You might have heard CTV commentator Cassie Campbell-Pascall, during the women's hockey gold-medal game last night make reference to the Canadian Women's Hockey League.
The CWHL, which had 11 current or former players skating for the U.S. and Canada last night, has talked to the NHL about partnering. Alison Korn of the Toronto Sun related as much from an interview with former Team Canada goalie Sami-Jo Small, a driving force behind the three-year-old league.
"Small contends that if women’s hockey is going to advance, it needs a professional North American league, one that partners with the NHL.
" 'Ideally, we would like to start a professional league this coming season, to keep the momentum going from this (gold-medal) game,' Small said. 'It would allow girls from various different countries to dream of playing in what would be a women’s NHL, and would encourage a lot more people to put their kids in hockey when they see the opportunities and what the kids could get out of it.'
"Last month, Small — who’s vice-chair of the existing women's league — and its executive director, Brenda Andress, met with Gary Bettman in New York City. They pitched their vision of a professional women’s league, which would pay the players $35,000 and be based in cities within driving distance of each other, including Montreal, Toronto, Ottawa, Boston and New York.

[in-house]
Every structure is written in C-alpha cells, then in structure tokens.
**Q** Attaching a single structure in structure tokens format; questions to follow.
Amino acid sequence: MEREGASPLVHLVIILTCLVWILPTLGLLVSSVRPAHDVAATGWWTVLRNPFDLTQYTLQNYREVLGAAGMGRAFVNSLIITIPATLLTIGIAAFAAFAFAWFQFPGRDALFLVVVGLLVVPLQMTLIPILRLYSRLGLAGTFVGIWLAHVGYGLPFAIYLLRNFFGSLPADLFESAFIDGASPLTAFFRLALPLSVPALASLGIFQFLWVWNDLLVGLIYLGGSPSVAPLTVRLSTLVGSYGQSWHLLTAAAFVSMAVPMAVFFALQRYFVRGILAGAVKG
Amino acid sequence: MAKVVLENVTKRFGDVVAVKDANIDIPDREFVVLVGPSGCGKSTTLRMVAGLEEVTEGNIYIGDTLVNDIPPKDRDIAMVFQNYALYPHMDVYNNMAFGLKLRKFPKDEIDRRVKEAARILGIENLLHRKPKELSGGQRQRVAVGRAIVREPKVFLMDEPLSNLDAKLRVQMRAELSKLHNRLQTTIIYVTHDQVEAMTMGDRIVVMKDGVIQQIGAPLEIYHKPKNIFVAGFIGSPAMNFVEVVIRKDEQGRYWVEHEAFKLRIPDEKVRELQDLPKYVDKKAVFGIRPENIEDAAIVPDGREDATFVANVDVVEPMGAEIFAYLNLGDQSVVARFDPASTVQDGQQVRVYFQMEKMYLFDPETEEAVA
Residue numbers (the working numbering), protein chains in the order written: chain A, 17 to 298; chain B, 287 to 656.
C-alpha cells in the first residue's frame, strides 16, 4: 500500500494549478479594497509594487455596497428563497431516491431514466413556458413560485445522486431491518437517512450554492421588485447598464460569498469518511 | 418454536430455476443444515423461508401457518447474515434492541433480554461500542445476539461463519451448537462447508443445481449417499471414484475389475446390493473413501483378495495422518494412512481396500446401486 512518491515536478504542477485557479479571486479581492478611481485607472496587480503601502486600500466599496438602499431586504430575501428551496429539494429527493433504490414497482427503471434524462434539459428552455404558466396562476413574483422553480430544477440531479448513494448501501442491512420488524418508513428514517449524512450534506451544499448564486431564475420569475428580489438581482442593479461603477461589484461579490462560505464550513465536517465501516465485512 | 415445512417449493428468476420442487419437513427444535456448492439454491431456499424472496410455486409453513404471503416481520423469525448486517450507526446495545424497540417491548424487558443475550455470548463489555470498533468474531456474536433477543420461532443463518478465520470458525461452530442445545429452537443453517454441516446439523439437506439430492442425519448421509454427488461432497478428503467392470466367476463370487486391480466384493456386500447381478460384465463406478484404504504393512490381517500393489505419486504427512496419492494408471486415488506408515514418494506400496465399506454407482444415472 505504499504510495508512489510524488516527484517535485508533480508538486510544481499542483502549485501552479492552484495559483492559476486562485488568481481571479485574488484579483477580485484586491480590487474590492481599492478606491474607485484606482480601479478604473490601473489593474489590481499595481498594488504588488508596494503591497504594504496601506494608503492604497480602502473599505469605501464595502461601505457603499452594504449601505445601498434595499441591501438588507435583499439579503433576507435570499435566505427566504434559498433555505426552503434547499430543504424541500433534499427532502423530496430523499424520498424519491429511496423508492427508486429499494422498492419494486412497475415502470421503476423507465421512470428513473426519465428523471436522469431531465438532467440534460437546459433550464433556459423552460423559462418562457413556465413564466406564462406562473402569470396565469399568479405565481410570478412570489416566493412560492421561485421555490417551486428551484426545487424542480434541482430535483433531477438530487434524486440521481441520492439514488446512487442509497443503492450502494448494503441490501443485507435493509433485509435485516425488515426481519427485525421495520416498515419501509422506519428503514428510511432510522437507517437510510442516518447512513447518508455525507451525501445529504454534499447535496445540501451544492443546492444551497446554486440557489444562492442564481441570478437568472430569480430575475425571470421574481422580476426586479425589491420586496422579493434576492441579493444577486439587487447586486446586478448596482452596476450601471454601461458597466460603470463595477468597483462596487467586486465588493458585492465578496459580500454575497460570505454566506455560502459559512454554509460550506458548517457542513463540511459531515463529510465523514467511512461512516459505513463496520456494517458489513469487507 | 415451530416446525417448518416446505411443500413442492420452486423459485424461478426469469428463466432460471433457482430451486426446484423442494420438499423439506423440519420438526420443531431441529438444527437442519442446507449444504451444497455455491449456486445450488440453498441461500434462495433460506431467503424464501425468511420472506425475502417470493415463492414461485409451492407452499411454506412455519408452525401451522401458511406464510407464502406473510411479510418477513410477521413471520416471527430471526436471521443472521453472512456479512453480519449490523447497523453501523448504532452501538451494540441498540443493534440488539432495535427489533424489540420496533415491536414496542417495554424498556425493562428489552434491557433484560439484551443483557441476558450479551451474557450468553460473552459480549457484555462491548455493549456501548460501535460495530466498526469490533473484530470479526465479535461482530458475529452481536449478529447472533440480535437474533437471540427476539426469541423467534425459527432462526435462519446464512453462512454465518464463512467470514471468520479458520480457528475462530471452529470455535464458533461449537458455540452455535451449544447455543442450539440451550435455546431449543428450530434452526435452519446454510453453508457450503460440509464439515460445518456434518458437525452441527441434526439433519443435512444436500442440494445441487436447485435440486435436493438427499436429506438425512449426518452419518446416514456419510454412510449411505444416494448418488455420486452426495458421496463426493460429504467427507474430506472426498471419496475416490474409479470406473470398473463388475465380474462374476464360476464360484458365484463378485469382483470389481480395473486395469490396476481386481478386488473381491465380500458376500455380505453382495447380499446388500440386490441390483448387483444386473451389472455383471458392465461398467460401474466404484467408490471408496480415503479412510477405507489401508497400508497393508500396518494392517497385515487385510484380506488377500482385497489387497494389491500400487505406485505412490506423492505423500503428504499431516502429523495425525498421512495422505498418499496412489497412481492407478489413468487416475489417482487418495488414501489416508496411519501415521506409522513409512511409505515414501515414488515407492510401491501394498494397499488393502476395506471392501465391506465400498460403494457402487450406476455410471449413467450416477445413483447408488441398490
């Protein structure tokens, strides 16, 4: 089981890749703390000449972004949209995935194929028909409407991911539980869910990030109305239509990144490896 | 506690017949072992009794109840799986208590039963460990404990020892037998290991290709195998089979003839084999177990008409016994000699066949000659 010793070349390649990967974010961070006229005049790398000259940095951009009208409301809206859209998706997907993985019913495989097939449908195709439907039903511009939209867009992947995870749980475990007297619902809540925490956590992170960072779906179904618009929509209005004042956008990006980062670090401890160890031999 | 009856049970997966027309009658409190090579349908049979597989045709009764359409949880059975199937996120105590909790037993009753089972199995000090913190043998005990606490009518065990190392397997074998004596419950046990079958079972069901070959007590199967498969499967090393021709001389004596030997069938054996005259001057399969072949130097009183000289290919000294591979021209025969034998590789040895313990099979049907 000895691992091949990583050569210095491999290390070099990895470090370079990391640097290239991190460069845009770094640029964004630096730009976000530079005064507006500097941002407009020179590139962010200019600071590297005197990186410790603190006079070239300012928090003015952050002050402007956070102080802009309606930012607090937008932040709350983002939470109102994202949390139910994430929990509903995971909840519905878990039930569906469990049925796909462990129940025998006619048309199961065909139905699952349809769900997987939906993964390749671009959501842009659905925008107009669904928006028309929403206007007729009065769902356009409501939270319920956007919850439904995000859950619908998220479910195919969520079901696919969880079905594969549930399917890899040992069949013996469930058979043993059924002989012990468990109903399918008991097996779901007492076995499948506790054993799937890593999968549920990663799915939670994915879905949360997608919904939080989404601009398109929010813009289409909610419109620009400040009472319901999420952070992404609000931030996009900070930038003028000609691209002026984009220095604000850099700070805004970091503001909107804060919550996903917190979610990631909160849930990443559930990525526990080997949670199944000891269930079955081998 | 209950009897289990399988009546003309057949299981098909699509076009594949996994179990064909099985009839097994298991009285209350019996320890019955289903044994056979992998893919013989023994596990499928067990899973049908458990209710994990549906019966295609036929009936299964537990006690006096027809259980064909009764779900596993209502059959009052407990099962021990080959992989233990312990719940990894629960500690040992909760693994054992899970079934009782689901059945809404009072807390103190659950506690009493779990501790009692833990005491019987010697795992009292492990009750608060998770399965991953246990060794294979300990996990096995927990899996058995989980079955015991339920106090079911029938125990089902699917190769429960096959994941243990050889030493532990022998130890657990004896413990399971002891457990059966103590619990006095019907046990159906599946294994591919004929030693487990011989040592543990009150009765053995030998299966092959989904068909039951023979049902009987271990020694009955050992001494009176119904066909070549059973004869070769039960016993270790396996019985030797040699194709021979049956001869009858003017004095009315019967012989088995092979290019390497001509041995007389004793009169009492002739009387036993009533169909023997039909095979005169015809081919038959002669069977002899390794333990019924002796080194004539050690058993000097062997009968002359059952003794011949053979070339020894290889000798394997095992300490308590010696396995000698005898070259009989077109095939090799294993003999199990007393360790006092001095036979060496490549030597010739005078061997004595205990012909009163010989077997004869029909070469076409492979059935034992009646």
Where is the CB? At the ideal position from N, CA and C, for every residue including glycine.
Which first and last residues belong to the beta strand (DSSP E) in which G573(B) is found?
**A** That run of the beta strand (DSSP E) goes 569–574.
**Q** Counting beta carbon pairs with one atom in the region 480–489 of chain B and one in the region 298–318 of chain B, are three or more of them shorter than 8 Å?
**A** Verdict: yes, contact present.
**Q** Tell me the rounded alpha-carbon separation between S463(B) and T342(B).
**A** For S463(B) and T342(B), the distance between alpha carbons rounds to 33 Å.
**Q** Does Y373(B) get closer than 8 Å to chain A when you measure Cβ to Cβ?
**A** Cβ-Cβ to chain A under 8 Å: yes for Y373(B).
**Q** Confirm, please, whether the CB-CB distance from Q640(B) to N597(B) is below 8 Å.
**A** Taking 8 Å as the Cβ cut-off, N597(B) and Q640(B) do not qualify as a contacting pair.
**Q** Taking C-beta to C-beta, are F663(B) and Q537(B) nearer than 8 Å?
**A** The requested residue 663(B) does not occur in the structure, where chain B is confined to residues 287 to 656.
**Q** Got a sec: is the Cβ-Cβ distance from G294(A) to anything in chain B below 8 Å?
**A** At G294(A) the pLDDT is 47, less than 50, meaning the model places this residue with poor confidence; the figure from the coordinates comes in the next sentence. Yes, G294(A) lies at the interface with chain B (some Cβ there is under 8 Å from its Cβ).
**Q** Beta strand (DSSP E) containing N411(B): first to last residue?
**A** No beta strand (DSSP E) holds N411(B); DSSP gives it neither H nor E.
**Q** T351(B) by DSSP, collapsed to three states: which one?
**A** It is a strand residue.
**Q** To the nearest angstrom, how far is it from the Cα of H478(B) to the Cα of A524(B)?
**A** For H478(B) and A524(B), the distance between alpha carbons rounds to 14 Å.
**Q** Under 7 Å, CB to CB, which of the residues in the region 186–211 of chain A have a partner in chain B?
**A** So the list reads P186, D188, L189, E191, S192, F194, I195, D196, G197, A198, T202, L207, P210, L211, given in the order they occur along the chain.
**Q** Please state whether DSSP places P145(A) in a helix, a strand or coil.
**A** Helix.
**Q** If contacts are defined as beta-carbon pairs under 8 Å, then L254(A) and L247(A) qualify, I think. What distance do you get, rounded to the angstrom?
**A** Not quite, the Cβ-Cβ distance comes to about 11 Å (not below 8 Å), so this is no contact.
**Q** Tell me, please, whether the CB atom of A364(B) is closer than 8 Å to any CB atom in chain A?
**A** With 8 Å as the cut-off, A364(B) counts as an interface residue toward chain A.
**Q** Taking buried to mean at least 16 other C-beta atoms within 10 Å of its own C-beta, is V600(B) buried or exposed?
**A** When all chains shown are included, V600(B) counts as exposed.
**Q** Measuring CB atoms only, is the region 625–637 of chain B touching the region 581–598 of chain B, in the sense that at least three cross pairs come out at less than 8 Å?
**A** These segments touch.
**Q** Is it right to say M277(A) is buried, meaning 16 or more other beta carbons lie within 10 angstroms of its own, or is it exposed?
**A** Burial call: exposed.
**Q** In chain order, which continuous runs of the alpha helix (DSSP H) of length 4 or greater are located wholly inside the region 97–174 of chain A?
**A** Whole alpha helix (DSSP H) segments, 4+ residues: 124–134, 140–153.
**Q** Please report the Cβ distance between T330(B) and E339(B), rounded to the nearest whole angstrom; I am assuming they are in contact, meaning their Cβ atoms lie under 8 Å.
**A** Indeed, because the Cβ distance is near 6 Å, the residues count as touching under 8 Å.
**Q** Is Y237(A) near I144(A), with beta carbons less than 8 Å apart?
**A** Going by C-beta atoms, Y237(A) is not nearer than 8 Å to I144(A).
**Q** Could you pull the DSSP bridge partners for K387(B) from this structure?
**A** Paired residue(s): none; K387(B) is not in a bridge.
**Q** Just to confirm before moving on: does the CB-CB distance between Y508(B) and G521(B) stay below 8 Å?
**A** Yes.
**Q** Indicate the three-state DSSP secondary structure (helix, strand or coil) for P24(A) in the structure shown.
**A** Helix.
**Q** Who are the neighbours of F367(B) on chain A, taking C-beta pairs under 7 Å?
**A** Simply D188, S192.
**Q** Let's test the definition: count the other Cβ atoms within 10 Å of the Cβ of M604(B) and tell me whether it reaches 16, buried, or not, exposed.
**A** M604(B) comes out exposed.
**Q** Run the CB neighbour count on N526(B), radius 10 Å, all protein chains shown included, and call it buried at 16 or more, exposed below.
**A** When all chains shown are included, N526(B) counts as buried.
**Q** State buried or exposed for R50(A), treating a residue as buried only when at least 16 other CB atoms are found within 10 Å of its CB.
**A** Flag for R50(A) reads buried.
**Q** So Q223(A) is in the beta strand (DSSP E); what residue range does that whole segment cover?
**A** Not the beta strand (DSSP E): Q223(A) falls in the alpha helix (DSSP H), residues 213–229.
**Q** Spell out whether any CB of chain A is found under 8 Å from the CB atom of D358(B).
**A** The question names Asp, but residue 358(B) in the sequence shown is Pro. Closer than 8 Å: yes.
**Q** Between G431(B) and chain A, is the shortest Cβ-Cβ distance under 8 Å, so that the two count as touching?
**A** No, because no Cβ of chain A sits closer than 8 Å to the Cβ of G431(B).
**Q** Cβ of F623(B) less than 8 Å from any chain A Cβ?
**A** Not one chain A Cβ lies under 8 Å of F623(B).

" 'We’re just waiting to hear back from them,” Small said. 'Hopefully we can get some sort of answer to move forward together in some sort of partnership.'
"In the meantime, she contends that if women’s hockey were to be removed from the Olympics, then the men’s should go with it."
This is all very preliminary, but it's better to look at the potential. Pratfalls can be trouble-shooted. It's a welcome respite from the usual "Women's hockey must improve or else" and "IOC issues women's hockey warning" headlines. Those are written to fire up both the supporters and preach to the choir of critics, but it doesn't tell a full story.
(About that: IOC president Jacques Rogge's comment in one Canadian newspaper was reported, "We cannot continue without improvement." It was a different tone in the Chicago Tribune:
"There is a (talent) discrepancy. This is the investment period in women's ice hockey. I would give them more time to prove (themselves), but there must be at a certain stage an improvement. There is an improvement in a certain number of nations, and we want to see this wider.
"Women's hockey is a young sport, but the sport has to grow. The Games themselves will do a lot to help the popularity of the sport, but you need a couple of years to get to the stage. I have no doubt that in the future, women hockey will be a hit."
The full comment sounds a little more measured.)
The NHL has a lot to deal with in terms of the Olympics, since it's part of Gary Bettman trying to win the next labour negotation and get Russia to sign a player-transfer agreement.
Still, it might be worth keeping the notion of a pro women's league on mental file. It's funny how it's worked out with major international sports events and start-up leagues in North America. The U.S. hosted the World Cup in 1994 and Major League Soccer was started. The WNBA came into being after the 1996 Olympics in Atlanta. After the '99 Women's World Cup, there was first WUSA and now Women's Professional Soccer.
There have been two Winter Games held in North America that had women's hockey and no pro league. Why is that?